Face to face communication is essential. It’s a necessary and irreplaceable form of communication. Chat also has numerous benefits. However, it’s best to establish some norms around the use of chat to realise those benefits and avoid some of the pitfalls.
- Teams and Channels
- Tips ‘n Tricks
- Getting Help
Here is a high level overview of those norms.
- Be mindful of people’s time and attention.
- Keep chats as public as possible.
- Use common courtesy. “Please” and “Thank you” still go a long way.
- Assume good intentions (tone doesn’t travel well over chat) and asynchronous comms.
- Management must take care when to intervene (like any medium).
These norms are shamelessly borrowed from the GitLab Communication Handbook on Chat. I recommend reading through that doc, picking and choosing the ones that make the most sense for your org, and fitting them to your purpose.
- If you use chat, please use a public channel and mention the person or group you want to reach. This ensures it is easy for other people to chime in, involve other people if needed, and learn from whatever is discussed. Only use direct messages if the discussion is truly private and of no interest to anyone else.
- If the subject is of value to the wider community, consider commenting on an existing user story or opening a new user story and linking to that story in a relevant channel.
- Despite the instantaneous nature of chat, it should be considered asynchronous communication. Don’t expect an instantaneous response; you have no idea what the other person is doing.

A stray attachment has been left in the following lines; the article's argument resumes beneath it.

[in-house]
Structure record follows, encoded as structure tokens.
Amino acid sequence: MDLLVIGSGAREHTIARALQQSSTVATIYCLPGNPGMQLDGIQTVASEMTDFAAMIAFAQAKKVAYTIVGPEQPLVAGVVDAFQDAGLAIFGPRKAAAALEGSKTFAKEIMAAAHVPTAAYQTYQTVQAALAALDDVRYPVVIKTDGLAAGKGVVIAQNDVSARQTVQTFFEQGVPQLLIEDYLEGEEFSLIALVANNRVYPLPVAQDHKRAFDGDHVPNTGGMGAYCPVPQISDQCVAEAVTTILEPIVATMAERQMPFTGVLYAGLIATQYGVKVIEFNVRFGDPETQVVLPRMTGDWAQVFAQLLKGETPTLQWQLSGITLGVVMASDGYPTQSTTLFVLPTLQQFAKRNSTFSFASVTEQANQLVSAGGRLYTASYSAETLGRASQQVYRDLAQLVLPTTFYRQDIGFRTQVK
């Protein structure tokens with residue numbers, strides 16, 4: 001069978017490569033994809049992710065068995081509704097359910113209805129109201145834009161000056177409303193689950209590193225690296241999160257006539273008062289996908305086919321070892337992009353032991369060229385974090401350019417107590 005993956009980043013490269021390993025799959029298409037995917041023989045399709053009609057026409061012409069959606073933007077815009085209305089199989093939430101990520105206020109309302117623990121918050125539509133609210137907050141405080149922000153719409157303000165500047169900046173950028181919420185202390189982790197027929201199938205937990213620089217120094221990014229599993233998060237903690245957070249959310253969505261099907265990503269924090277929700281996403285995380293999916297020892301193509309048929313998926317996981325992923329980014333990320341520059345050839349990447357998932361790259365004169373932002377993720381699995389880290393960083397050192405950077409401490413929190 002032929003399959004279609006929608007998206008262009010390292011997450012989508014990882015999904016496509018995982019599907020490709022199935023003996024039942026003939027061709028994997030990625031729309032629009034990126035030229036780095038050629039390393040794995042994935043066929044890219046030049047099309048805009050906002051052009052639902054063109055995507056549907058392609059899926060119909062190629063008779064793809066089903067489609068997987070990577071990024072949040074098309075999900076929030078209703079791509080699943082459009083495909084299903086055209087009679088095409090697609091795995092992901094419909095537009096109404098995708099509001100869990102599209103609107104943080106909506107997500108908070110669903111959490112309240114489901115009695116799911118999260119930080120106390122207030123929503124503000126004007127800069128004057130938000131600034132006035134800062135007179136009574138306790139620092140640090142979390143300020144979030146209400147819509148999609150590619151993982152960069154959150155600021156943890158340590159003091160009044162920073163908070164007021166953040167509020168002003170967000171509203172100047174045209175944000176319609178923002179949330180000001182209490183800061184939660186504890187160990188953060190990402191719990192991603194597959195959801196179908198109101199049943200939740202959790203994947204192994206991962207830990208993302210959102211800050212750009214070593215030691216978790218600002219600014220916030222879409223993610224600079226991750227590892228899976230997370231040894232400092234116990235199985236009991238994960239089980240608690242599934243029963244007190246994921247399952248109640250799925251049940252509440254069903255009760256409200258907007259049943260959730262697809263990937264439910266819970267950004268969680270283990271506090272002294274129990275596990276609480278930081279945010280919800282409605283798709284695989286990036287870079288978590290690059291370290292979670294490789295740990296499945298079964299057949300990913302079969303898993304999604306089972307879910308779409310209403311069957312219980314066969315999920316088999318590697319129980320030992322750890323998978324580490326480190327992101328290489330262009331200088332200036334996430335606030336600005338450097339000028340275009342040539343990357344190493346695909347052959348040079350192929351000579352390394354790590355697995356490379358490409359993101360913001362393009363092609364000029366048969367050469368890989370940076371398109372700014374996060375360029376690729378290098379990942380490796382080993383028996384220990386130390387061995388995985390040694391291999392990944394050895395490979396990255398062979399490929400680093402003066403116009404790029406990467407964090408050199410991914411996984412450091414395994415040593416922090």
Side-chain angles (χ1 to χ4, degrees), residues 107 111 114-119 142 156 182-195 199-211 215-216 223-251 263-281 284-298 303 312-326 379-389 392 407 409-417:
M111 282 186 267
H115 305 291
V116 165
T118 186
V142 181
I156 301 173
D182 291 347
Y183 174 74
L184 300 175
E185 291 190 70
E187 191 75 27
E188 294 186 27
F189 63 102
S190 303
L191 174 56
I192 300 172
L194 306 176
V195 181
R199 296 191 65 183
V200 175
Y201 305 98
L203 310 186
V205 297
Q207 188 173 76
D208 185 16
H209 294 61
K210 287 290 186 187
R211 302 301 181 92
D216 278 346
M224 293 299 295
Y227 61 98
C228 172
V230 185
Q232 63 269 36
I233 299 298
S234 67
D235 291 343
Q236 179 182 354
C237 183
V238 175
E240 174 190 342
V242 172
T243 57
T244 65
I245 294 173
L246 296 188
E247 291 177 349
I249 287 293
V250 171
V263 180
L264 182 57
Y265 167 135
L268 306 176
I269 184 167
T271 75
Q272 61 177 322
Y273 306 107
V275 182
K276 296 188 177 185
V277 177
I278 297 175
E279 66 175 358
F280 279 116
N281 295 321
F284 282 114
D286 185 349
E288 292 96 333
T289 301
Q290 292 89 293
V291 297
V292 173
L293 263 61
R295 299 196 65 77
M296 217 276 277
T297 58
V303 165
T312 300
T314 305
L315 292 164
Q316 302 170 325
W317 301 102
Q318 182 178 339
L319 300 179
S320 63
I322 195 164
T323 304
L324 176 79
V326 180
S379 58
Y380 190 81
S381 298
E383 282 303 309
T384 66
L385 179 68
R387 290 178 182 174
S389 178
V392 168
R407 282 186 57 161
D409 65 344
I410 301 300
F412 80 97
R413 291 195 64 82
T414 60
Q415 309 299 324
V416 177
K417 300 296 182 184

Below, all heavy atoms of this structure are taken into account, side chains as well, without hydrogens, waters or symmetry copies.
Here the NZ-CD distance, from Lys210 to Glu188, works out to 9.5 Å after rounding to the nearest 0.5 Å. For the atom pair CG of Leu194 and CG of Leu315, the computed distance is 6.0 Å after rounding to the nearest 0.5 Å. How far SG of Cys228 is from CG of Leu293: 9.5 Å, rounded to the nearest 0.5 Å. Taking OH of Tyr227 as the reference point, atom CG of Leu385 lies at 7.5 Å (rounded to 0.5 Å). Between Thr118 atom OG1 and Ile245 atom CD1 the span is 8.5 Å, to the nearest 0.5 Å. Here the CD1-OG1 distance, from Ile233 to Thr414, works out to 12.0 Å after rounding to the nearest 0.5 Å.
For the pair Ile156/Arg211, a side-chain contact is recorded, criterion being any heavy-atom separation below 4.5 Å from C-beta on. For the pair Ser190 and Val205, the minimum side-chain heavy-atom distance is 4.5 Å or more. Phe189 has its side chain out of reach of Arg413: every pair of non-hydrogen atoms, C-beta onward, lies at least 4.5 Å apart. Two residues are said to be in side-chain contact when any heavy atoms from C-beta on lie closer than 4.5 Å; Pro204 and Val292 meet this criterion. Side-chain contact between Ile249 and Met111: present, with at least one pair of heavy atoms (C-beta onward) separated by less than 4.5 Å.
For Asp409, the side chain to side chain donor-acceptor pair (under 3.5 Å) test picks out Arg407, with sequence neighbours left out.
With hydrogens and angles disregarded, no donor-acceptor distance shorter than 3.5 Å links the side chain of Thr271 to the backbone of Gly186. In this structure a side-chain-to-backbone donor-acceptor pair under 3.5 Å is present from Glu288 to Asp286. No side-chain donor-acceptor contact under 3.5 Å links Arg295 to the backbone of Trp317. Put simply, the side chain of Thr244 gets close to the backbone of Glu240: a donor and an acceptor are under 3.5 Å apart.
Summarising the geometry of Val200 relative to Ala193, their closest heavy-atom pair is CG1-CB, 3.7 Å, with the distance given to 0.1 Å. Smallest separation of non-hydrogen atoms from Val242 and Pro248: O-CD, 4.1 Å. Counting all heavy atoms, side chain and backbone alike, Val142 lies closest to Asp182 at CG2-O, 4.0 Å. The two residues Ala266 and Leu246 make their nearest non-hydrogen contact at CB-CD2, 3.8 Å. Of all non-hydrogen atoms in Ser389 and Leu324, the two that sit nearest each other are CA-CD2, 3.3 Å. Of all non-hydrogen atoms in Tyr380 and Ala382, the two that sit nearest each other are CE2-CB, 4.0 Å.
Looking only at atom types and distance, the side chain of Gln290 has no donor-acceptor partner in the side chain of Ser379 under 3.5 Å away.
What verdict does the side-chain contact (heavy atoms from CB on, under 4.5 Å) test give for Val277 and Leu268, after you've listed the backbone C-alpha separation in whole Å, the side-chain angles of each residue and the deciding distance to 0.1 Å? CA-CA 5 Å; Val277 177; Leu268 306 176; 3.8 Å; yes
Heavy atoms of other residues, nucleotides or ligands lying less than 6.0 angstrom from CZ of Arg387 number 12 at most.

- If you must send a private message, don’t start a conversation with “Hi” or “Hey” as that interrupts their work without communicating anything. If you have a quick question, just ask the question directly and the person will respond asynchronously. If you truly need to have a synchronous communication, then start by asking for that explicitly, while mentioning the subject. e.g. “I’m having trouble understanding issue #x, can we talk about it quickly?”.
- Do not feel obligated to respond to chat messages when you are not working.
- Feel free to send a colleague a link to these guidelines if the communication in Teams should be done asynchronously.
- Please avoid using @General or @channel unless this is about something urgent and important. In chat try to keep the use of keywords that mention the whole channel to a minimum. They should only be used for pings that are both urgent and important, not just important. By overusing channel mentions you make it harder to respond to personal mentions in a timely manner since people get pinged too frequently.
- If something is important but not urgent - like complimenting or encouraging the entire team - use email or post in the channel without @-mentioning the team.
- If you are aware that your teammate is on vacation, avoid mentioning them in a high volume channel. It will be difficult to find the information or question when they return. If you need to ensure they refer back to the thread, ensure to send them a link to the relevant Teams message through a direct message.
- It’s not rude to leave a channel. When you’re no longer interested in the conversations happening in a channel, feel free to leave it so it won’t distract you anymore.
Teams and Channels